By Taro Ichikawa | IDN-InDepthNews Report
TOKYO (IDN) – The 34-nation Organisation for Economic Co-operation and Development (OECD) has called for narrowing “gender inequality” as part of “reforms for more inclusive and stronger growth” in Japan. Presenting the OECD’s 2015 Economic Survey of Japan, the influential economic bloc’s Secretary-General Angel Gurría also pleaded for boosting productivity that, he said, was “key to unlocking stronger growth”.
Gurria said: “This is particularly salient for Japan, which must contend with an aged society and a shrinking working-age population. Ambitious structural reform – the third arrow of Abenomics – remains crucial if real GDP growth is to move towards the government’s target of 2 percent during the coming decade.”
Measures to boost productivity should be accompanied by policies to slow the decline in the labour force, argued Gurria, because Japan continues to face the challenge of an ageing workforce. By 2050, the working-age population is projected to fall by nearly 40 percent, making it crucial to maximise its potential.
The OECD Secretary-General pointed out that the female labour participation rate was still 20 percent below that of men. This signified one of the biggest gender gaps in the OECD, he said on April 15.
“The gender pay gap at median earnings is 27 percent, the third highest in the OECD, and only 2.1 percent of listed company board members are women, the second lowest in the OECD. Helping more women have careers can be a ‘triple-win’: stronger growth, less inequality, and a more manageable government debt burden,” said Gurria taking up cudgels on behalf of women.
Prime Minister Abe’s “womenomics” initiative, which aims to have women occupying 30 percent of leadership positions by 2020, was an important step, as were concrete ‘third arrow’ measures like increasing the number of childcare places by 2018.
Narrowing gender inequality also depended on breaking down labour market dualism, said the OECD Secretary-General. “While men make up 70 percent of regular workers, women account for 70 percent of non-regular workers. And non-regular workers are being paid only about 60 percent as much per hour as regular workers! Better targeting of public social spending would help tackle inequality and promote social inclusion. This can be achieved, for instance, by introducing an earned income tax credit for low paid workers.”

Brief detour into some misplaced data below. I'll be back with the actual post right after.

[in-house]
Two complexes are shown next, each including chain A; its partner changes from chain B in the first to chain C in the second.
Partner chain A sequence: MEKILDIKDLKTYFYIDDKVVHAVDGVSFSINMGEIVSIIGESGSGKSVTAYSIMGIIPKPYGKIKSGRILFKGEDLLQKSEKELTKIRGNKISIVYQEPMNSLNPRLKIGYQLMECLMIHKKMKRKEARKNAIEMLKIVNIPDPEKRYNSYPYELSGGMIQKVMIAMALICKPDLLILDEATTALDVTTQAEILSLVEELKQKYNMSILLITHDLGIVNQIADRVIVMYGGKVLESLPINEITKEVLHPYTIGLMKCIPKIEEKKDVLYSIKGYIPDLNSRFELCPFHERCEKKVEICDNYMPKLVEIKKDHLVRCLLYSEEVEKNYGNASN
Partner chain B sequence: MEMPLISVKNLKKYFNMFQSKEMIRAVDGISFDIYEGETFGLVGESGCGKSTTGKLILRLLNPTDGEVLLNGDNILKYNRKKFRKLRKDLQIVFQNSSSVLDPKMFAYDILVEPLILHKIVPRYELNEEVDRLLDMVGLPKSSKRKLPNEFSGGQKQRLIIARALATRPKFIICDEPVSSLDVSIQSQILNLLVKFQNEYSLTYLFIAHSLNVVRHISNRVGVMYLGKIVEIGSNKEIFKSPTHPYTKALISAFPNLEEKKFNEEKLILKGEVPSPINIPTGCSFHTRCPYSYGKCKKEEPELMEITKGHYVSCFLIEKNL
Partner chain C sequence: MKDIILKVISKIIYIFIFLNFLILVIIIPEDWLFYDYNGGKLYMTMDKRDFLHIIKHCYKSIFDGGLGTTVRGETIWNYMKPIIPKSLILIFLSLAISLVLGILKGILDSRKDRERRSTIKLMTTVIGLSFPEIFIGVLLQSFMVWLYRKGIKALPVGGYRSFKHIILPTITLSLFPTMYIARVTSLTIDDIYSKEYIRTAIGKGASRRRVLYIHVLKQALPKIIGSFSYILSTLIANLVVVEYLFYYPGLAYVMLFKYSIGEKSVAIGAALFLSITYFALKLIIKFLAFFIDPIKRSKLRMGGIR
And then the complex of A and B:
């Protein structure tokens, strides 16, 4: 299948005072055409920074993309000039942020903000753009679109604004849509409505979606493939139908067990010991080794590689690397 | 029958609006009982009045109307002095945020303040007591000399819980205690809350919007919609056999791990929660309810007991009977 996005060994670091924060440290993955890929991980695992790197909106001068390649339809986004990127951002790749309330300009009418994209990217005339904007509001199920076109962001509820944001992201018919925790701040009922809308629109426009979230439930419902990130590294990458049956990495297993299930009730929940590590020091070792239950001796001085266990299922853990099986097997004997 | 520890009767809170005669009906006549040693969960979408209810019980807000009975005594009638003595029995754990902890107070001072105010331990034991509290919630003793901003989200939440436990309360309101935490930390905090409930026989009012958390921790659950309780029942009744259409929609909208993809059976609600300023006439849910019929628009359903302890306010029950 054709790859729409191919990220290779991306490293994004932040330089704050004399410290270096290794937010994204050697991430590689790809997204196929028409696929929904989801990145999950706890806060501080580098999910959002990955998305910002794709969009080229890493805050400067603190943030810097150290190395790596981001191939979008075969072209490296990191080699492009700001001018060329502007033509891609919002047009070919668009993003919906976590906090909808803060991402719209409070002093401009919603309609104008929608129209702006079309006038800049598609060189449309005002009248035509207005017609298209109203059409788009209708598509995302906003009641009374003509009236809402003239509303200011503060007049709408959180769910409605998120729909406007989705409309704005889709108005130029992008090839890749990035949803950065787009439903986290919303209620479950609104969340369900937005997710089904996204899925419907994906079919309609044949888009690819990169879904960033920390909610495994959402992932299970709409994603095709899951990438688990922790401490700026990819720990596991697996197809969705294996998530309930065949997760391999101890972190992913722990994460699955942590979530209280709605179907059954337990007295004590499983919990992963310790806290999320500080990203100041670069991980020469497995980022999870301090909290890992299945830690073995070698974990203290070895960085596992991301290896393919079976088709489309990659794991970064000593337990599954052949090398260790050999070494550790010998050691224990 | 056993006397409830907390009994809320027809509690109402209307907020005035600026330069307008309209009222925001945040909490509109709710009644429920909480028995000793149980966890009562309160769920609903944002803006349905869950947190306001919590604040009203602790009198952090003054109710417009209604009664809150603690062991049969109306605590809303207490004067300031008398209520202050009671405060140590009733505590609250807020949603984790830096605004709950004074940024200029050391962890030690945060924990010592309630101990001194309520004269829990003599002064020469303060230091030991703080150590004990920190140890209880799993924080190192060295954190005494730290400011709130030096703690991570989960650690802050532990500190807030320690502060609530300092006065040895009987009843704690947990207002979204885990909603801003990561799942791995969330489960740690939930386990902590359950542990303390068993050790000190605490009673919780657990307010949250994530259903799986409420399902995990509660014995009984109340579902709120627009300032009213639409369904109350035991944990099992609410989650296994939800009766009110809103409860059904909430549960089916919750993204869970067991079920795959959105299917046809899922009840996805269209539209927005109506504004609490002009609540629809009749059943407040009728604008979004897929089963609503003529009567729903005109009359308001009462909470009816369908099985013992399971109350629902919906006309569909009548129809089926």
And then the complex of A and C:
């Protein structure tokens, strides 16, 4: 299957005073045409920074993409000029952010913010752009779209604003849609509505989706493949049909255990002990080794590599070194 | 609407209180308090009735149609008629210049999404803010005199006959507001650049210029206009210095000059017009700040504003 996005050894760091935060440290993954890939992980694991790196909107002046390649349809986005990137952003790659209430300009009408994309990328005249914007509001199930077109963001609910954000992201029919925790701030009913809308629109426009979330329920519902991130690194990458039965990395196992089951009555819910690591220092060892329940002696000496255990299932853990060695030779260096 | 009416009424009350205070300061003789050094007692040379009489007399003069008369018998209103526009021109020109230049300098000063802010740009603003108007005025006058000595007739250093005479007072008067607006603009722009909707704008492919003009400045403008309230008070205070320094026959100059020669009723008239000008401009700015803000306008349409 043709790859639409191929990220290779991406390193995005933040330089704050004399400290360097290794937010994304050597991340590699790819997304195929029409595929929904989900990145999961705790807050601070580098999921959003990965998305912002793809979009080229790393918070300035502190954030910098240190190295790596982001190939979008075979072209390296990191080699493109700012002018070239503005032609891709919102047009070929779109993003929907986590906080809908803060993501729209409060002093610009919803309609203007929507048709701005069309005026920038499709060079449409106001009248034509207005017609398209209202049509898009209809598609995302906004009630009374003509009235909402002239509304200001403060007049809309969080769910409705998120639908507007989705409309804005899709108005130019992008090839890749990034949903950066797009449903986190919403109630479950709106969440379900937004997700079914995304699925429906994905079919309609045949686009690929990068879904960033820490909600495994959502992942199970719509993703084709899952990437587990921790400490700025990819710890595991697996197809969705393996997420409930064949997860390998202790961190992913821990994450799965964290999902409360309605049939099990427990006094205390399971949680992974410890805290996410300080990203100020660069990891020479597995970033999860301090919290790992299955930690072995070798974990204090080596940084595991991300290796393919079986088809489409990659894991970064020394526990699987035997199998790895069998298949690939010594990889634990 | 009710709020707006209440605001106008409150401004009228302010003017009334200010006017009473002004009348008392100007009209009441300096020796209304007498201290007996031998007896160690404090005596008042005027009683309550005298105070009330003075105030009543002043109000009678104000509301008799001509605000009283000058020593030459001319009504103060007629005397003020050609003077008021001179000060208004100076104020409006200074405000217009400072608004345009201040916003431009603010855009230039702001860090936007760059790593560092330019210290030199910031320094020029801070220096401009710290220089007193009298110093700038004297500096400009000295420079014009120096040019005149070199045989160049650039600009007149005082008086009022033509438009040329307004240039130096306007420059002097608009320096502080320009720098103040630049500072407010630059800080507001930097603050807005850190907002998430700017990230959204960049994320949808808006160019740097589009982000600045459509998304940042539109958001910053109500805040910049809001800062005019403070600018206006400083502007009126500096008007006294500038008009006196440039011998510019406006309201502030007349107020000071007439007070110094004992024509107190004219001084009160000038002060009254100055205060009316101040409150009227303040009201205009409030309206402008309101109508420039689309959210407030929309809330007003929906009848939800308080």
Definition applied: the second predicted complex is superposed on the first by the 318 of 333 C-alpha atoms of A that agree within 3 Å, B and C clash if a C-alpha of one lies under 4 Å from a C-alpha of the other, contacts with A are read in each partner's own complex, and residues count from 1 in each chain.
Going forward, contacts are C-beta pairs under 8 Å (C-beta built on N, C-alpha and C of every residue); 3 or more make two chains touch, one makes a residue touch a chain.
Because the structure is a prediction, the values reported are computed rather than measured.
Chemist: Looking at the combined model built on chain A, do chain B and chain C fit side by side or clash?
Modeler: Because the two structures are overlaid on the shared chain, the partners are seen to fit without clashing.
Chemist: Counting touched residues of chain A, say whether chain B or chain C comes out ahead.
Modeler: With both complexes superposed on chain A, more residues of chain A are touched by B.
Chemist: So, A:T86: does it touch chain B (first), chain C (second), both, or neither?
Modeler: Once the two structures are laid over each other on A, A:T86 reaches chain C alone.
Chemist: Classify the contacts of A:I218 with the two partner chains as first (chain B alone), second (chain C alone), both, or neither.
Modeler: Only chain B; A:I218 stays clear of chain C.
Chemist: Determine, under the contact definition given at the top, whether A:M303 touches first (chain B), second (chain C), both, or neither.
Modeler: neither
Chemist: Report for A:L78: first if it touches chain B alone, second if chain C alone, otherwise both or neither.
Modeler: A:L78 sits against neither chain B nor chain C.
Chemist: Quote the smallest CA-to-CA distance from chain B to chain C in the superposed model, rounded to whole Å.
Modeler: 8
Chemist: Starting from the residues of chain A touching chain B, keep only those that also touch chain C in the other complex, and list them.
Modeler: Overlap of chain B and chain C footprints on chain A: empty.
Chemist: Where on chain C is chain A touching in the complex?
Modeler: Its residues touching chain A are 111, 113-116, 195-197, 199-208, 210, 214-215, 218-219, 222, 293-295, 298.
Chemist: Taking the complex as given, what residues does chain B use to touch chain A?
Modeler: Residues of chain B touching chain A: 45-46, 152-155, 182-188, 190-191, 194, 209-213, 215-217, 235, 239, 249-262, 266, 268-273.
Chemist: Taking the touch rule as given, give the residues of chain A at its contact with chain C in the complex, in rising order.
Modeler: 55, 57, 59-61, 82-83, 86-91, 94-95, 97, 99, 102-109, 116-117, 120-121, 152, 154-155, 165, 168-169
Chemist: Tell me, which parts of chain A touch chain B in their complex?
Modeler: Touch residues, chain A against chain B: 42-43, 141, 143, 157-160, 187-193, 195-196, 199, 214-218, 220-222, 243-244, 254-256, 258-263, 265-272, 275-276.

While the Japanese economy is expected to return to growth, fundamental structural reforms are needed to promote a more robust recovery, help ensure long-term fiscal sustainability and close the gap in living standards with the leading OECD countries, according to the latest OECD Economic Survey of Japan.
The Survey highlights the impact of Abenomics – the government’s ongoing use of bold monetary policy, flexible fiscal policy and a reform-driven growth strategy – to revitalise the economy and defeat deflation. The OECD expects GDP growth of 1 percent this year and 1.4 percent in 2016.
“The unprecedented use of monetary expansion and flexible fiscal policies must be supplemented by rigorous implementation of Abenomics’ crucial ‘third arrow’ – structural reforms,” Gurría said. “Ambitious action is needed to raise productivity and boost Japan’s long-term growth potential, including by increasing women’s role in the labour market and stimulating innovation, to ensure higher living standards while ensuring the public debt burden remains sustainable.”
The OECD survey highlights productivity increases as the key to unlocking future growth, particularly given Japan’s ageing population and already shrinking workforce. Labour productivity is surprisingly low – 25 percent below the average of the top half of OECD countries – considering that Japan has very high levels of secondary and tertiary education and R and D (research and development) spending.
To remedy this, says the OECD, policies should aim to increase the return on R and D investment through improvements to the innovation ecosystem. This will require better corporate governance, reduced product market regulation and more labour market mobility.
Given population ageing, Japan must make better use of all workers. The female labour force participation rate is still 20 percentage points below that of men, one of the biggest gender gaps in the OECD. Ensuring that female participation rates converge to those of men by 2030 would drastically limit the expected fall in labour supply and boost economic growth, says the Survey.
The OECD also calls for further remedial action in order to ensure fiscal sustainability in Japan over the long term. It points out that the gross government debt reached 226 percent of GDP (gross domestic product) in 2014, the highest level ever recorded in an OECD country.
“Given the budget deficit of around 8% of GDP, Japan’s debt ratio is set to rise further into uncharted territory. With public debt service now the biggest item in Japan’s central government budget, a detailed and credible fiscal plan is essential to put the debt burden on a downward trajectory over the medium term,” the Survey adds.
Any such plan should include fiscal consolidation sufficient to achieve a primary surplus by Financial Year 2020, notably through efforts to cut healthcare costs and reduce the growth of social spending. Further increases in the consumption tax and a broadening of the base for personal income taxes will also be necessary, the Survey says. [IDN-InDepthNews – 23 April 2015]
Photo: The Metropolitan Govt. Building (Tocho) in Tokyo | Credit: The World Factbook